Software titan Microsoft has collaborated with German engineering firm ThyssenKrupp to develop a new elevator system which is expected to save tens of thousands of years in waiting time each year by availing itself of latest Internet of Things (IoT) technology.
The MAX elevator employs Microsoft’s Azure Internet of Things platform to provide data-driven real-time predictive maintenance services, thus dramatically reducing repair time and raising availability levels.
The elevators dispatch data on their operating conditions in real time to Microsoft’s Azure cloud system, where sophisticated algorithms can then determine the remaining operating life of machine parts and components and predict maintenance problems and breakdowns prior to their actual occurrence.
The use of a cloud platform to collate real-time data means that a single maintenance and control hub can amass unprecedented volumes of detailed information on the operating condition of elevators located around the globe.
According to MAX’s developers, the system will enable ThyssenKrupp’s service technicians, who number more than 20,000 around the world, to better perform “real-time identification of repairs, component replacements and proactive system maintenance,” and cut down on elevator downtown periods by as much as a half.
Given that elevators are the world’s most widely utilised form of transportation, employed by as many as one billion people each day, and are globally out of service for as many as 216 centuries combined during the course of a single year due to service disruptions, any significant efficiency gains have the potential to save hundreds of millions of hours in aggregate waiting times.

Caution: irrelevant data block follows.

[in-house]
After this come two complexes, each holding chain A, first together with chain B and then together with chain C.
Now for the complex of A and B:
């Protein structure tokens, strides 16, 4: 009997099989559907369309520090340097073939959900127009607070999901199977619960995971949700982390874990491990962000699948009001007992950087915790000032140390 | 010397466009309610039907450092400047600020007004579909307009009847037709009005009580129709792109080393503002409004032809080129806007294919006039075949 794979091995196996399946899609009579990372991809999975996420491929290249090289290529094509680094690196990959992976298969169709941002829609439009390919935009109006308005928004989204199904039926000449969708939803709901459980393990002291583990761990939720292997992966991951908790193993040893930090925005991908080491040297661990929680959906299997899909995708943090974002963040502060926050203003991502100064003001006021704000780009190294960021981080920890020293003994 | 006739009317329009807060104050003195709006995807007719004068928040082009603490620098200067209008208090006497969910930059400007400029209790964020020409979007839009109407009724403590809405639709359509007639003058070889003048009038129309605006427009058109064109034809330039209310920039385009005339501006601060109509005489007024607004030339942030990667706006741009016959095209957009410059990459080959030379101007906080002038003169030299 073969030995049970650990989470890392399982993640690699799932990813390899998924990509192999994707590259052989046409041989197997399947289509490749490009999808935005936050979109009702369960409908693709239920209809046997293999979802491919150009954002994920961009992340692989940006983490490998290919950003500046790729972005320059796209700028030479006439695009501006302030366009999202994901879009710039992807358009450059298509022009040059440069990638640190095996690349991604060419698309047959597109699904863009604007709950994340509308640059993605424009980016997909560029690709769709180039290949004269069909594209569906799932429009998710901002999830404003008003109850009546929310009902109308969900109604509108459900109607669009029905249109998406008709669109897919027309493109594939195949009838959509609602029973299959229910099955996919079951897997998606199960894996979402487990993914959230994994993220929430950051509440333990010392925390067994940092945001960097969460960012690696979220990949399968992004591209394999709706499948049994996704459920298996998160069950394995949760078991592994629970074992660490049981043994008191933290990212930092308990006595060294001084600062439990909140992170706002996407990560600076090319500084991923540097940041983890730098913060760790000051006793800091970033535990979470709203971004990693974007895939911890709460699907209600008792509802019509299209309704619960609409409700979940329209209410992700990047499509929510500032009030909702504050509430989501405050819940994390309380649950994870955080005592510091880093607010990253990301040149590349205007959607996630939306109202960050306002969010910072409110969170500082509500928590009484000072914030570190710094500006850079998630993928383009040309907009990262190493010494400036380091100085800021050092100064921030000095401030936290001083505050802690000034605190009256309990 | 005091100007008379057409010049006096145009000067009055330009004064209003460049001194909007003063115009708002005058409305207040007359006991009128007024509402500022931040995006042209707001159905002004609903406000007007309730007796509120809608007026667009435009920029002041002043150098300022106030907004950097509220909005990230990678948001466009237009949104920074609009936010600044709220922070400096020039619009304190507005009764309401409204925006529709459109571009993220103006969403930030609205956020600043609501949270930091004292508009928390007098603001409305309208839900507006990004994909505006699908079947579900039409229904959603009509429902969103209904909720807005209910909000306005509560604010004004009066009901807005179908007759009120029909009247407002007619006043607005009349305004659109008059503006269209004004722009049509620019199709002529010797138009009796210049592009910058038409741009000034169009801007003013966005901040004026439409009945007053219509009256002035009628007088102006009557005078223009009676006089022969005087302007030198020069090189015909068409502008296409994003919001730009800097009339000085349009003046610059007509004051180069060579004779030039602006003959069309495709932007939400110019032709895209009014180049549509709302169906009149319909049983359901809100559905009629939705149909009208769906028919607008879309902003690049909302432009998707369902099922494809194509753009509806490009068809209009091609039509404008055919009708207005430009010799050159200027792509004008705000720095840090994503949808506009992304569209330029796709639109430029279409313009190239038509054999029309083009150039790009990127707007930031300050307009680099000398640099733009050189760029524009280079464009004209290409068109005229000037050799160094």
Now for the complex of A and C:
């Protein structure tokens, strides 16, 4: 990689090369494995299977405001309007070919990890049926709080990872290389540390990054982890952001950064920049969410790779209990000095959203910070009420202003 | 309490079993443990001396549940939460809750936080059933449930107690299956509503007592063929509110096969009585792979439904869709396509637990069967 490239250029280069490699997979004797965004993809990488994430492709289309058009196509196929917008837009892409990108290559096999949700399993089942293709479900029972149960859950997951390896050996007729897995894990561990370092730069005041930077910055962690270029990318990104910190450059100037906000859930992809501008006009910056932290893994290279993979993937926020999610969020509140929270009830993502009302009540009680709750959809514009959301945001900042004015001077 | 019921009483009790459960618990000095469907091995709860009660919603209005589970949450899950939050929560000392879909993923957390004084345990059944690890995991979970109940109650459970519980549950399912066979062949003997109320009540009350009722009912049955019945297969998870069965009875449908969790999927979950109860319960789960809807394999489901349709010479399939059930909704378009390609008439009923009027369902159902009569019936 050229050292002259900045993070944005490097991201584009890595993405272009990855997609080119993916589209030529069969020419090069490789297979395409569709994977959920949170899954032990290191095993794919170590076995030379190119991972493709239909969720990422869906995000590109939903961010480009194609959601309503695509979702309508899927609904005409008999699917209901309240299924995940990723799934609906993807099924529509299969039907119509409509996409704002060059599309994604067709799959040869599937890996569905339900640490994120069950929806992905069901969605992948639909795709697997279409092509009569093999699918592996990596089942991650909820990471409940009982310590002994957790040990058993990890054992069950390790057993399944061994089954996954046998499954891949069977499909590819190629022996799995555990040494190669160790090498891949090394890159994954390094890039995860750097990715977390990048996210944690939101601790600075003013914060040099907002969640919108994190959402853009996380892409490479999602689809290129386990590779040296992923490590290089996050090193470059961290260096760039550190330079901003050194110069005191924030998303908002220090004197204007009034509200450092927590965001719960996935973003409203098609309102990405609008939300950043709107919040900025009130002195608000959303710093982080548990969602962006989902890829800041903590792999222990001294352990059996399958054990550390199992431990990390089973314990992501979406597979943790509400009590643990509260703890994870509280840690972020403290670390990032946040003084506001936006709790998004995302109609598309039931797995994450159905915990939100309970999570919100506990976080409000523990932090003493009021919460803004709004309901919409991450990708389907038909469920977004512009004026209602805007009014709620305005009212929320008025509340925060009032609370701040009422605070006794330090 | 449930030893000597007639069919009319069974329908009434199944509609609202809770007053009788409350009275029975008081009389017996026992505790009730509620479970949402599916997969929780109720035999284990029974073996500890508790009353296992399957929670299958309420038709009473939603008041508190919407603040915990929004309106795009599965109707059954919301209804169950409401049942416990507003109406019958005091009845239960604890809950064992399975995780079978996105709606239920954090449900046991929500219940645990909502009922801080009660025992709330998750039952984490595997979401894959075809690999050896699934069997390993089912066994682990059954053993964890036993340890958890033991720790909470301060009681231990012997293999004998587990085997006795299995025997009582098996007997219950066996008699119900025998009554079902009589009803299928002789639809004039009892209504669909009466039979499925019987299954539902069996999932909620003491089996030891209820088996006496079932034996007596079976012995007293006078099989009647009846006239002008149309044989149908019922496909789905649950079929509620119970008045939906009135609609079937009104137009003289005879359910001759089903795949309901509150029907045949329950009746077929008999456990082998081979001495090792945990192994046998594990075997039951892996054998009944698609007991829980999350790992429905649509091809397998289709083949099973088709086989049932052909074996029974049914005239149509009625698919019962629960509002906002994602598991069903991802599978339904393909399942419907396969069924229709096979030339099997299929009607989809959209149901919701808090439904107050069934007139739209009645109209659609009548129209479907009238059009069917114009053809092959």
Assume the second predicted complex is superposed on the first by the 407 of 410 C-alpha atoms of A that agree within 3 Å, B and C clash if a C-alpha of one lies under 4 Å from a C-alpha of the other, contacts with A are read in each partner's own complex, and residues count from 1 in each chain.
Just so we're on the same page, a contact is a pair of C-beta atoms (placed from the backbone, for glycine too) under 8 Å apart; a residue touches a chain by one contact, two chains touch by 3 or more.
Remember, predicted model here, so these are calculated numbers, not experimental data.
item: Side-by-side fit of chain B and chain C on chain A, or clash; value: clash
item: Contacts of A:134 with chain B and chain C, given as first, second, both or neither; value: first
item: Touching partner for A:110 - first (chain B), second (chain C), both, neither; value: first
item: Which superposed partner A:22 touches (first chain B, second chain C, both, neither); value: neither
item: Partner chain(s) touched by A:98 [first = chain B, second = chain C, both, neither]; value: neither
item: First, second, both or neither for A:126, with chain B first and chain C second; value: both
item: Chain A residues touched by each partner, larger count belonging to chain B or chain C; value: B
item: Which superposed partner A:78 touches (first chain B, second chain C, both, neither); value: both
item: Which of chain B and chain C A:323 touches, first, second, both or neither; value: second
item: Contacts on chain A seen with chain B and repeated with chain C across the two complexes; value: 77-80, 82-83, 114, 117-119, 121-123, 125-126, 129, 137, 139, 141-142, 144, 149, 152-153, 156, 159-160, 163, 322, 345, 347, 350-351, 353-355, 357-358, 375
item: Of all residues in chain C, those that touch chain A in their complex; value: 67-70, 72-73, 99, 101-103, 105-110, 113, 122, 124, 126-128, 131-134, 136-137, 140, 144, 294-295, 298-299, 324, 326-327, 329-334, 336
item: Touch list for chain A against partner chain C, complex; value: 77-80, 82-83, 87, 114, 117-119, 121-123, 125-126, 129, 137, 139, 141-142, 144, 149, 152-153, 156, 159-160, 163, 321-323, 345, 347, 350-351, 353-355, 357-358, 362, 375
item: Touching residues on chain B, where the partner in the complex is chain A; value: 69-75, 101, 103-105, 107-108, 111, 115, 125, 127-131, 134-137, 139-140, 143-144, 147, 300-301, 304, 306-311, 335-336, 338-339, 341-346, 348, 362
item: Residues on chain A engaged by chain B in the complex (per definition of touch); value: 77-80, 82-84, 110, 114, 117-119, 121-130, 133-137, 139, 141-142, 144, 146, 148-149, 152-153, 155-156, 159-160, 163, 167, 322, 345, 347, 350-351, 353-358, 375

The MAX system is the product of two years of collaboration between maintenance engineers from ThyssenKrupp and Microsoft data scientists, and could represent a major breakthrough in the incorporation of IoT solutions and modern elevator systems.
Should IoT solutions prove effective in improving the operation of the built environment systems, it could have a dramatic impact on the liveability and efficiency of cities, particularly giving the ongoing expansion of the world’s urban population.
Some 70 per cent of the world’s population is expected to reside in urban areas by the end of the century. This shift will inevitably result in dramatic changes to the nature of cities themselves, resulting in far greater densification and high-rise developments, and heightening the need for more efficient infrastructure and transit systems.
German engineers are already making use of similar big data systems to anticipate the maintenance and repair requirements of rail vehicles operating in both the Eurozone and adjacent regions, thus raising efficiency and reducing downtime.